Here are a few tips to you nail your second interview:

Be sure to subtly and politely leverage whatever contacts you have made in the company as you prepare for your second interview. Though you can't expect someone to put an extraordinary amount of effort to help you, there is no reason why you can't ask the HR representative for some feedback on what areas the first interviewers thought were strong and what areas were not as impressive. In a similar manner, there is no harm in asking your contacts what elements are most important to the people you will be speaking to for the second interview. Don't try to sound like you are seeking an unfair advantage or inside information, but don't be afraid to ask honest questions about what you can expect at the next level.

Once you've reached the second job interview, don't change your style and responses too much. Your interview strategy got you into the second interview, so must be doing something right. Just like in the first interview, during your second interview answer questions with references back to the experiences and successes of your career and life so far. Also, follow the lead of the interviewer. By the time you've gotten to the second interview, you will be dealing with a higher level of executive. It's possible that he or she will want to see you in a more informal, relaxed kind of way and you should be prepared to do that if you are directed.

Author: Jimmy Sweeney
Job Interview Secret Gets You Hired Fast


Tuesday, October 22, 2013

Hot Job Interview Tip: "Cut To The Chase"

Job Interview "Secret"

Wouldn't it be simpler and easier if you could count on a hiring manager to get right down to business and ask the one question that is probably uppermost on his or her mind? "What can you do for our company that no one else can do as well?"

Most interviewers, however, start with questions that fall into three areas: employment experience, workplace communication, and your personality style. Your answers will help determine if you are someone to interview again and/or hire. Here's what you can do:


Get ready for any and all potential questions. Then when they come up you'll have your responses at hand. Also, depending on the interviewer you may be asked questions that require a direct answer such as, "How long were you at your previous employment?" or "What were you daily tasks in your former job?"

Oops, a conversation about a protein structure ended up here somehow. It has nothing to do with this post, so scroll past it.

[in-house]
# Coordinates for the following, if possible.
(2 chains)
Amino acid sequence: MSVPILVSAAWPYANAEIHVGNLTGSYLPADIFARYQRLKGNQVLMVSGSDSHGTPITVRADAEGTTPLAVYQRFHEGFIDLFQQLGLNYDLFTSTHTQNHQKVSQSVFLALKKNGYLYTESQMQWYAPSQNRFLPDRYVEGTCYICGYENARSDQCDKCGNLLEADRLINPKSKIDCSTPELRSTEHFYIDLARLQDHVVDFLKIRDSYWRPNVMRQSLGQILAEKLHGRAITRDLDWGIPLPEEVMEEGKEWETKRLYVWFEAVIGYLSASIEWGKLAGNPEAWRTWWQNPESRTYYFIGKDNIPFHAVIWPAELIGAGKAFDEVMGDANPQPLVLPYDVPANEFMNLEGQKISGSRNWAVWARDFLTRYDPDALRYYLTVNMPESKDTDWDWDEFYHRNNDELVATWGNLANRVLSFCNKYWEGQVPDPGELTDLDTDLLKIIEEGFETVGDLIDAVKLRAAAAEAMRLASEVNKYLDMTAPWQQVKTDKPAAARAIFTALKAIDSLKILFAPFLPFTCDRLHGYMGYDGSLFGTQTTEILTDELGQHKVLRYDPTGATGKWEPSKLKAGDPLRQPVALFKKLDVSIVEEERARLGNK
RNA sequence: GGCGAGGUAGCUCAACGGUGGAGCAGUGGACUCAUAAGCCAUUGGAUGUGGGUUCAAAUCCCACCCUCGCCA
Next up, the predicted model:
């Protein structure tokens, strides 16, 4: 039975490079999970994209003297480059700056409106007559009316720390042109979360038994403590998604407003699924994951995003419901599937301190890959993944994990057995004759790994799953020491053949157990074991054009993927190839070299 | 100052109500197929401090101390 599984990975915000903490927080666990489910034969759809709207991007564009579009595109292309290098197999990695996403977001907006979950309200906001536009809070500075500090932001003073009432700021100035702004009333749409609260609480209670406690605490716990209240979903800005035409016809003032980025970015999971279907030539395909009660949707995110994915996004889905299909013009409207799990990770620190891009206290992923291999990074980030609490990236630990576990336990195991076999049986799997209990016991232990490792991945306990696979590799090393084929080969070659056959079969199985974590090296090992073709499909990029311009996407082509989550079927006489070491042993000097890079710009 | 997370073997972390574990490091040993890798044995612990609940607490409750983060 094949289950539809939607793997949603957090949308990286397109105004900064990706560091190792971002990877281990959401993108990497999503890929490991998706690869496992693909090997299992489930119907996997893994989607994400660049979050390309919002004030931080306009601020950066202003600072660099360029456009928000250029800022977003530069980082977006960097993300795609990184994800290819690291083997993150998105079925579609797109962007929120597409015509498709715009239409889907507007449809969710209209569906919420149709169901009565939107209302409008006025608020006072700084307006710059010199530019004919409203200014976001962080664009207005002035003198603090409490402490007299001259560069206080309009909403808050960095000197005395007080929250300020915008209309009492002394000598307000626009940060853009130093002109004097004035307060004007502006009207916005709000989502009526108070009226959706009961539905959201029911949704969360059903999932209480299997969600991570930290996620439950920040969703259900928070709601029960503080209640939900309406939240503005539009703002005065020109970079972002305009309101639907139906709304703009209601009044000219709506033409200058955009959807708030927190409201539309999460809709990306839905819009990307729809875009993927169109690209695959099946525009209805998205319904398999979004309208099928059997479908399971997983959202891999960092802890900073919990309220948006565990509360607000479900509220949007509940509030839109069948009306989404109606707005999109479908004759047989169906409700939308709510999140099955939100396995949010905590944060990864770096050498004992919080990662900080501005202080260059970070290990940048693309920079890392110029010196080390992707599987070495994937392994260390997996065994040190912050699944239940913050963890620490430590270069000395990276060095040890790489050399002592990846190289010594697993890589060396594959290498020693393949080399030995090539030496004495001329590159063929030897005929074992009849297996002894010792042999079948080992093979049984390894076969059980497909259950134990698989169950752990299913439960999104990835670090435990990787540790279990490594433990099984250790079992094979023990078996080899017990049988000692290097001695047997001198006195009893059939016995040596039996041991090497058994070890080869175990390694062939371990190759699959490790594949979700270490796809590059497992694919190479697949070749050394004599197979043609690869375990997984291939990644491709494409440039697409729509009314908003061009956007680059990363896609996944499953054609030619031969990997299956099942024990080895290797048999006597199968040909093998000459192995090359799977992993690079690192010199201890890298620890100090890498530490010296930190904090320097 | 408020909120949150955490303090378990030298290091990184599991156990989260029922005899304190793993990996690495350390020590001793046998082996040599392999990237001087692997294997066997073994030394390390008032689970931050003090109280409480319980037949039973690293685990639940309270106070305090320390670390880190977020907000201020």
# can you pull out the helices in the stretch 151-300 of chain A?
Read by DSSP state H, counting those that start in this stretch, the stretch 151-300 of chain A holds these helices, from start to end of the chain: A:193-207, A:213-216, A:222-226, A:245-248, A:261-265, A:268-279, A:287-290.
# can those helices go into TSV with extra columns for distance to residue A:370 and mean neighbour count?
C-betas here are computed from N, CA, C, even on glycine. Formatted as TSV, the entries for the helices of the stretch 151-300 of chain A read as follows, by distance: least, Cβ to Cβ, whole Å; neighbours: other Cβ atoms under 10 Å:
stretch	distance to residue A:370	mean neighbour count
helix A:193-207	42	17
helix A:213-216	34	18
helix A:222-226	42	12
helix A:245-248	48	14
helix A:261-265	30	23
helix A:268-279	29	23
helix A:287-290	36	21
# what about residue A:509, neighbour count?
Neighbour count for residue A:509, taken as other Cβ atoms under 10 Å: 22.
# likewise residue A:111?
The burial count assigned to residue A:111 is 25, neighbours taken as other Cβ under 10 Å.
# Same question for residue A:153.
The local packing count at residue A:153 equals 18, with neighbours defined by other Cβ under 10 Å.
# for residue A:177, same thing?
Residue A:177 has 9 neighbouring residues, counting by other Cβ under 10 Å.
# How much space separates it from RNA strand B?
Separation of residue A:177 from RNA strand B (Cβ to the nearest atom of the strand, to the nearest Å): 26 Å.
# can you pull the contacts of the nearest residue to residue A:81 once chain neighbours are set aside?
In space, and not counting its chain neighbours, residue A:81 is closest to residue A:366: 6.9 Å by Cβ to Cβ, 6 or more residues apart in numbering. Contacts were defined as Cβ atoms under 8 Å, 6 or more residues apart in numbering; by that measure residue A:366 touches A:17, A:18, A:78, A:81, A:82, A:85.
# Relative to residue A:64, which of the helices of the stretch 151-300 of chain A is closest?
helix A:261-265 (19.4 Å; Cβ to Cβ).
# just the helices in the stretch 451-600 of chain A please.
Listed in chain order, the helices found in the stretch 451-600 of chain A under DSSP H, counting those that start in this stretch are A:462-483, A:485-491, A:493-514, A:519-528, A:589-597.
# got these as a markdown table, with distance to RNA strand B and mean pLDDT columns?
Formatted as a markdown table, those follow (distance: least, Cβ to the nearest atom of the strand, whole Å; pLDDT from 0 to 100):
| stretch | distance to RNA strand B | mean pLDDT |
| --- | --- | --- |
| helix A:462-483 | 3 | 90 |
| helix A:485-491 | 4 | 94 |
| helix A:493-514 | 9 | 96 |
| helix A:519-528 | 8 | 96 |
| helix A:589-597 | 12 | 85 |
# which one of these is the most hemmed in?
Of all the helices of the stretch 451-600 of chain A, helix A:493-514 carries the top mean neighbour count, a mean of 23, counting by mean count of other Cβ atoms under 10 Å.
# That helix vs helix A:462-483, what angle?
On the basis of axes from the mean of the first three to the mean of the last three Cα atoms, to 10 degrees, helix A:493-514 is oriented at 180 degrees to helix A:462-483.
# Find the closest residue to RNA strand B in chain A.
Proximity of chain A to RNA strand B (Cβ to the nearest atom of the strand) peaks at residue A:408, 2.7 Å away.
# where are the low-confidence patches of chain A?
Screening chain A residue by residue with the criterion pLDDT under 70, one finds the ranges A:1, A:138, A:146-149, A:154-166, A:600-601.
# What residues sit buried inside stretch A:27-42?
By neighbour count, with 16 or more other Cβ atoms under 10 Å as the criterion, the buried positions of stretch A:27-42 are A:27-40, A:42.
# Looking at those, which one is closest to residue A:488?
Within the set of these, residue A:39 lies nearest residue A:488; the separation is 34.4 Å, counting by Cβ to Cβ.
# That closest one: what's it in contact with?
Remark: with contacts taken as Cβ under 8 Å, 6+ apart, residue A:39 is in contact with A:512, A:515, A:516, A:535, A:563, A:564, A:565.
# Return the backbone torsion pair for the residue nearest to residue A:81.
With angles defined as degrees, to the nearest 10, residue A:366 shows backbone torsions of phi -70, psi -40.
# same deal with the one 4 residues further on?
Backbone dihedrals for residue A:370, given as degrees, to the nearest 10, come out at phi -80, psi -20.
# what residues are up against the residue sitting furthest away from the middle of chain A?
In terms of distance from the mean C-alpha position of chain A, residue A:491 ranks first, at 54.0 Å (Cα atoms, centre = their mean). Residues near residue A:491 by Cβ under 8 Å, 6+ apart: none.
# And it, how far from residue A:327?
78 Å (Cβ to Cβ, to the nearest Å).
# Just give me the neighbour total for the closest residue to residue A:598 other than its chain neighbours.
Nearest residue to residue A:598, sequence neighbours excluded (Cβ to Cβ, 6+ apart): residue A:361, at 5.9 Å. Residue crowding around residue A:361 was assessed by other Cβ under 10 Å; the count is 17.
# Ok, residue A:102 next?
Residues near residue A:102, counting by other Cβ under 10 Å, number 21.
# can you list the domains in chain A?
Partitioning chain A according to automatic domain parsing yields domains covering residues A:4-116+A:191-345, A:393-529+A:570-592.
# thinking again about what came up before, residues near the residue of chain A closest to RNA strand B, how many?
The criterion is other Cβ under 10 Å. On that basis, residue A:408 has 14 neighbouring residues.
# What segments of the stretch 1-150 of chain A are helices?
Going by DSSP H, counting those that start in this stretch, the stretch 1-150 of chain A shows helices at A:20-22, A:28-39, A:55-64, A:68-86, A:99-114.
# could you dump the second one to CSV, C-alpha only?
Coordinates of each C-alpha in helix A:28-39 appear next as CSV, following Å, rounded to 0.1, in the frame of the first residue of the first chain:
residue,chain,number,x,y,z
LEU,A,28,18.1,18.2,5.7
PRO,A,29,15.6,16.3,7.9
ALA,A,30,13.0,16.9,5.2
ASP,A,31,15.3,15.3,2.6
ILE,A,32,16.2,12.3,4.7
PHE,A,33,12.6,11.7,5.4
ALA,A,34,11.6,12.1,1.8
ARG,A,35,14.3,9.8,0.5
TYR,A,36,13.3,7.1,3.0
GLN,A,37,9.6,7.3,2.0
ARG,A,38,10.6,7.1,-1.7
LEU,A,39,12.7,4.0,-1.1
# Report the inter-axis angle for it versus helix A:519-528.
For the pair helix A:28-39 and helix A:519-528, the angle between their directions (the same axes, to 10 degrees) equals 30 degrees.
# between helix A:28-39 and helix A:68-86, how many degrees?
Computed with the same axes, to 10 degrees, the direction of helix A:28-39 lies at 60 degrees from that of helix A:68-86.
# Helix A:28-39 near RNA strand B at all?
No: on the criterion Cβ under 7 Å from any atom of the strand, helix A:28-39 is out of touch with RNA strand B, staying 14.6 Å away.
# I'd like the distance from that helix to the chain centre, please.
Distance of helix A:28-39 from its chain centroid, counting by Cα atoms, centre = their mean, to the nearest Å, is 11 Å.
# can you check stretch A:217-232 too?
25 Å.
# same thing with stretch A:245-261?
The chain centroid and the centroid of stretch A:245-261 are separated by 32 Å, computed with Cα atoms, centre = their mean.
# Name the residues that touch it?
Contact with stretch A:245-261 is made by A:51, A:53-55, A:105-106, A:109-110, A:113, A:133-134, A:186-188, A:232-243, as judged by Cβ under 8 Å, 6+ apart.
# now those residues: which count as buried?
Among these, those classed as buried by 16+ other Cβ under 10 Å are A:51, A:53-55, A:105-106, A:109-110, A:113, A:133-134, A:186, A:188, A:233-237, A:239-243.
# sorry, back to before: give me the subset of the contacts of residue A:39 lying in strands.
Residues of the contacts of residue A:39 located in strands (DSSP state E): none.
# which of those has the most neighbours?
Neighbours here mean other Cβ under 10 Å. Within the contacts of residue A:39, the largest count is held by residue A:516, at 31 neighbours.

OR an individual with a more casual style may put his query this way. "Tell me about a day on the job at your previous employment," or "What did like best about your job and the duties you had?" See the difference? You may provide the same basic answers to both but you'll phrase them according to the way the employer presents the questions.


Regardless of the approach the interviewer takes, keep in mind that what he or she is really asking is the question in the first paragraph above. "What can you do for our company that no one else can do as well?" By checking you out in various ways, he or she is looking for the answer to that question because it is the one that 'cuts to the chase.' It gets to the bottom line. It brings the interview into focus.

Whatever the question, approach it in a relaxed and easy manner. Think ahead about the categories involved—your experience, your communication, and your personality because they will be the ones that will grab the hiring manager's attention and convince him or her that you're the one who can offer the company exactly what it needs.


In a way it's up to you to 'cut to the chase,' too. Avoid getting sidetracked. Stick to the point of why you want this job and why you believe you can be an asset to the company and its mission.

Interviewers are busy people, seeing one person after another for hours at a time. In order to stand out you'll need to stay focused and clear-minded. Keep thinking 'cut to the chase,' to help you offer only those details that will advance the interview to a place where you can tell the employer is favorably impressed with you.

Most company managers are looking for several key traits: passion, attention to detail, problem solving, leadership, commitment, communication skills, and intellectual curiosity.

Before you walk into the interview room pull together some specific examples from your work life that illustrate a few of these characteristics. At just the right time insert them into your answers as a story, including details, dialogue, conflict, and resolution. In other words, what happened, who was involved, and how did you resolve the problem so the outcome was successful?

If you enter an interview with a 'cut to the chase' attitude for yourself then you'll likely find the interviewer will do the same—and offer you the job.
Author: Jimmy Sweeney

Job Interview Secret Gets You Hired Fast


Sunday, August 11, 2013

5-Step "Workout" to Ace the Job Interview

Job Interview Secret